China is like “a freight train driving down on us,” according to Robert Lutz, General Motors vice chairman and the firm’s unofficial ‘car czar’.

Lutz said the “young tiger” domestic China automakers such as Geely, Great Wall and Chery will soon start exporting to the west.

“They are the new competitive reality. We have not yet begun to see how they will affect international competition,” Lutz told the Automotive News Europe Congress in Montreux.

Lutz said the Chinese auto industry is developing far faster than he anticipated.

The process towards auto mobility that took 20 years in Europe has happened in China in just two years, said Lutz.

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“In 2000 the streets of Beijing and Shanghai were filled with bicycles. Now the bicycles have been replaced by Passats and Buicks.”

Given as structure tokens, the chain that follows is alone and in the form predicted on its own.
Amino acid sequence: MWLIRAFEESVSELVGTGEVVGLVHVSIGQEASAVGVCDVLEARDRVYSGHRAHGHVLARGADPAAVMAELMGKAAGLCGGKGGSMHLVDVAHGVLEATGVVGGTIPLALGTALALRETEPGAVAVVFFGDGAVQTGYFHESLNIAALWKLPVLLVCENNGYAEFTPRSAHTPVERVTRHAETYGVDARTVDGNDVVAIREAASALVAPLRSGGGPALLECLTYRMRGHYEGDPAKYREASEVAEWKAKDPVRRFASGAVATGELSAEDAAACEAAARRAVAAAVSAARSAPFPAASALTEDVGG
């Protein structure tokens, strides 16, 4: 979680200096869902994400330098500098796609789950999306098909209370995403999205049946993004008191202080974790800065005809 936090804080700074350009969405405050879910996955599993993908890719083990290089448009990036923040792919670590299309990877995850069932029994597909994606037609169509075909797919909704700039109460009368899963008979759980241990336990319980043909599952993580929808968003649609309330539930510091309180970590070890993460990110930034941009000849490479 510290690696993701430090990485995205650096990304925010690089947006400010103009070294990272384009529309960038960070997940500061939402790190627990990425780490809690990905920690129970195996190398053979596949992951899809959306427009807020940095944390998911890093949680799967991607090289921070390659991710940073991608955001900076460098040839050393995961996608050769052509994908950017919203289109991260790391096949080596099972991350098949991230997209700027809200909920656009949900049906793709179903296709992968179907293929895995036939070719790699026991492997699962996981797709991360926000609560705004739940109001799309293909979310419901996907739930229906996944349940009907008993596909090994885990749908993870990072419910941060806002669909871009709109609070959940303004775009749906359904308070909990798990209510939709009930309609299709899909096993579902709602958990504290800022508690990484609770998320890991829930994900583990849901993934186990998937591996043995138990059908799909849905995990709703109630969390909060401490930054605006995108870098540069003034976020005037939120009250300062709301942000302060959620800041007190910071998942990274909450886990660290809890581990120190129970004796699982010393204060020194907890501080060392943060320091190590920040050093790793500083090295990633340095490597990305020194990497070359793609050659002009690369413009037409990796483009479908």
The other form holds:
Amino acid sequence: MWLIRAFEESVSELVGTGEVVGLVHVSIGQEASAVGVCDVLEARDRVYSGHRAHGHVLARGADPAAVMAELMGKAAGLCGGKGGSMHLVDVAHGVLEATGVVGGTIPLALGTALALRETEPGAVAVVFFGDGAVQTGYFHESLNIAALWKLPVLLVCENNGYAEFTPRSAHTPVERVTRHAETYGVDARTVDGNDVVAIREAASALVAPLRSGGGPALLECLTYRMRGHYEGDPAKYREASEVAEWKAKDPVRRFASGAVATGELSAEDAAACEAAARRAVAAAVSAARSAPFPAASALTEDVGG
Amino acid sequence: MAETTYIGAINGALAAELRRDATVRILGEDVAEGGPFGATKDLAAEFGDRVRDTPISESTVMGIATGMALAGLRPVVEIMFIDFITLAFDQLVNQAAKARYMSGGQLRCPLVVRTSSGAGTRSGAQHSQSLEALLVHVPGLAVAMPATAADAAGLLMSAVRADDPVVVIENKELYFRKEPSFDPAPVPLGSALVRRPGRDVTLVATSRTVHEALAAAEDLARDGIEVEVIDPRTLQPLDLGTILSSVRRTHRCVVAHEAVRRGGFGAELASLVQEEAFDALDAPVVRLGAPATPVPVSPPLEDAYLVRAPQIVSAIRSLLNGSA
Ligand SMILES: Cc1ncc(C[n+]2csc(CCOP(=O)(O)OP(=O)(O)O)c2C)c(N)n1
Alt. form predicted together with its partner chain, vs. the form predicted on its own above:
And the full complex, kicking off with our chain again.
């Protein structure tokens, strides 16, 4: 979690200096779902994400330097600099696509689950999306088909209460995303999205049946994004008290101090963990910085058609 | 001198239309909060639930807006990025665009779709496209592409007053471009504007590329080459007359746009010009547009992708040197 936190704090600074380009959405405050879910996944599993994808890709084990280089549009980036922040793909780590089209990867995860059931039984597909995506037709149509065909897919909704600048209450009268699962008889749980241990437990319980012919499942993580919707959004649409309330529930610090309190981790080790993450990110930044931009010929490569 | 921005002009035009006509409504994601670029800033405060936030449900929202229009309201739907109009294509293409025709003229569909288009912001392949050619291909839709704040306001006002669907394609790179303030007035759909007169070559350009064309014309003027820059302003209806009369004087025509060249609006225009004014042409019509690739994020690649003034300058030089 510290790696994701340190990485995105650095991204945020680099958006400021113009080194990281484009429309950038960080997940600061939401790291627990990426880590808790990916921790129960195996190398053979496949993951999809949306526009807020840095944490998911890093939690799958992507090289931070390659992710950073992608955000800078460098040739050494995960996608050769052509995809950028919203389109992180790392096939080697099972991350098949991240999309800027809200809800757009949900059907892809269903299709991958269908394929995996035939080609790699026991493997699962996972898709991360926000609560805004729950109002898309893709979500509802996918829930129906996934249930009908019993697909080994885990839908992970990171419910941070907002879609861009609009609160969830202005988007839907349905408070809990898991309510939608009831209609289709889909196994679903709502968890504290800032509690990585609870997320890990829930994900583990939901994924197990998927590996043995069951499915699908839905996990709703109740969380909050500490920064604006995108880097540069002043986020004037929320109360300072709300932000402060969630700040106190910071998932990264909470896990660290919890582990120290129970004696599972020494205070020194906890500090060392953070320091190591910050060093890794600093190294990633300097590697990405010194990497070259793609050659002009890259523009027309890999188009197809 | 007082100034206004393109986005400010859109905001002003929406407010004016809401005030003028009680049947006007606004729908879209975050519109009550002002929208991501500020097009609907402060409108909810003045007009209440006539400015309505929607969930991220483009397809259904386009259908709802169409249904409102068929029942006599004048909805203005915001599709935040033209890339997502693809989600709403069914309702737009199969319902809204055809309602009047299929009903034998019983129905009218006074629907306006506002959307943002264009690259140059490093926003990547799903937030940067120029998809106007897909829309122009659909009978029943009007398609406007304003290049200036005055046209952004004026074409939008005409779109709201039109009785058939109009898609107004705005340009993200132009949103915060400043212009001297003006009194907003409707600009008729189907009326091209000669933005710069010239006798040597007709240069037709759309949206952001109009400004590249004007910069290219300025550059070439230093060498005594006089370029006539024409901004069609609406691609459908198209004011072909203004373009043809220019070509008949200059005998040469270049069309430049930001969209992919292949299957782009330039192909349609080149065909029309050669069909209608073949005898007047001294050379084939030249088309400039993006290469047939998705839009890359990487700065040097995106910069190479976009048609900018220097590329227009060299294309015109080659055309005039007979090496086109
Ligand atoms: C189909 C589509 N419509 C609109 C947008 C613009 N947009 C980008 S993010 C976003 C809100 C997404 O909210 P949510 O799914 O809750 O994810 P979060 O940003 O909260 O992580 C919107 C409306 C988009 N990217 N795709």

Lutz warned that Europe is vulnerable to Chinese competition because it is becoming less competitive as an auto production base with its high labour costs and shorter working hours.

“The way the European economy is run is worrying. It is slow to adapt to the international environment and it lags behind to the US in capital investment.

Lutz said GM’s recent reorganisation of its loss-making European arm to integrate more closely its Opel, Vauxhall and Saab operations will not be at the expense of those brands.

“Opel, Vauxhall and Saab will thrive far more together than they would as individual entities,” said Lutz.

GM Europe lost $US504 million (about €417 million) last year, following losses of $1 billion in 2002 and $765 million in 2001.

Former Opel chairman Carl-Peter Forster was appointed as GM Europe president. He is charged with to reducing duplications in areas such as product development, engineering, design and marketing.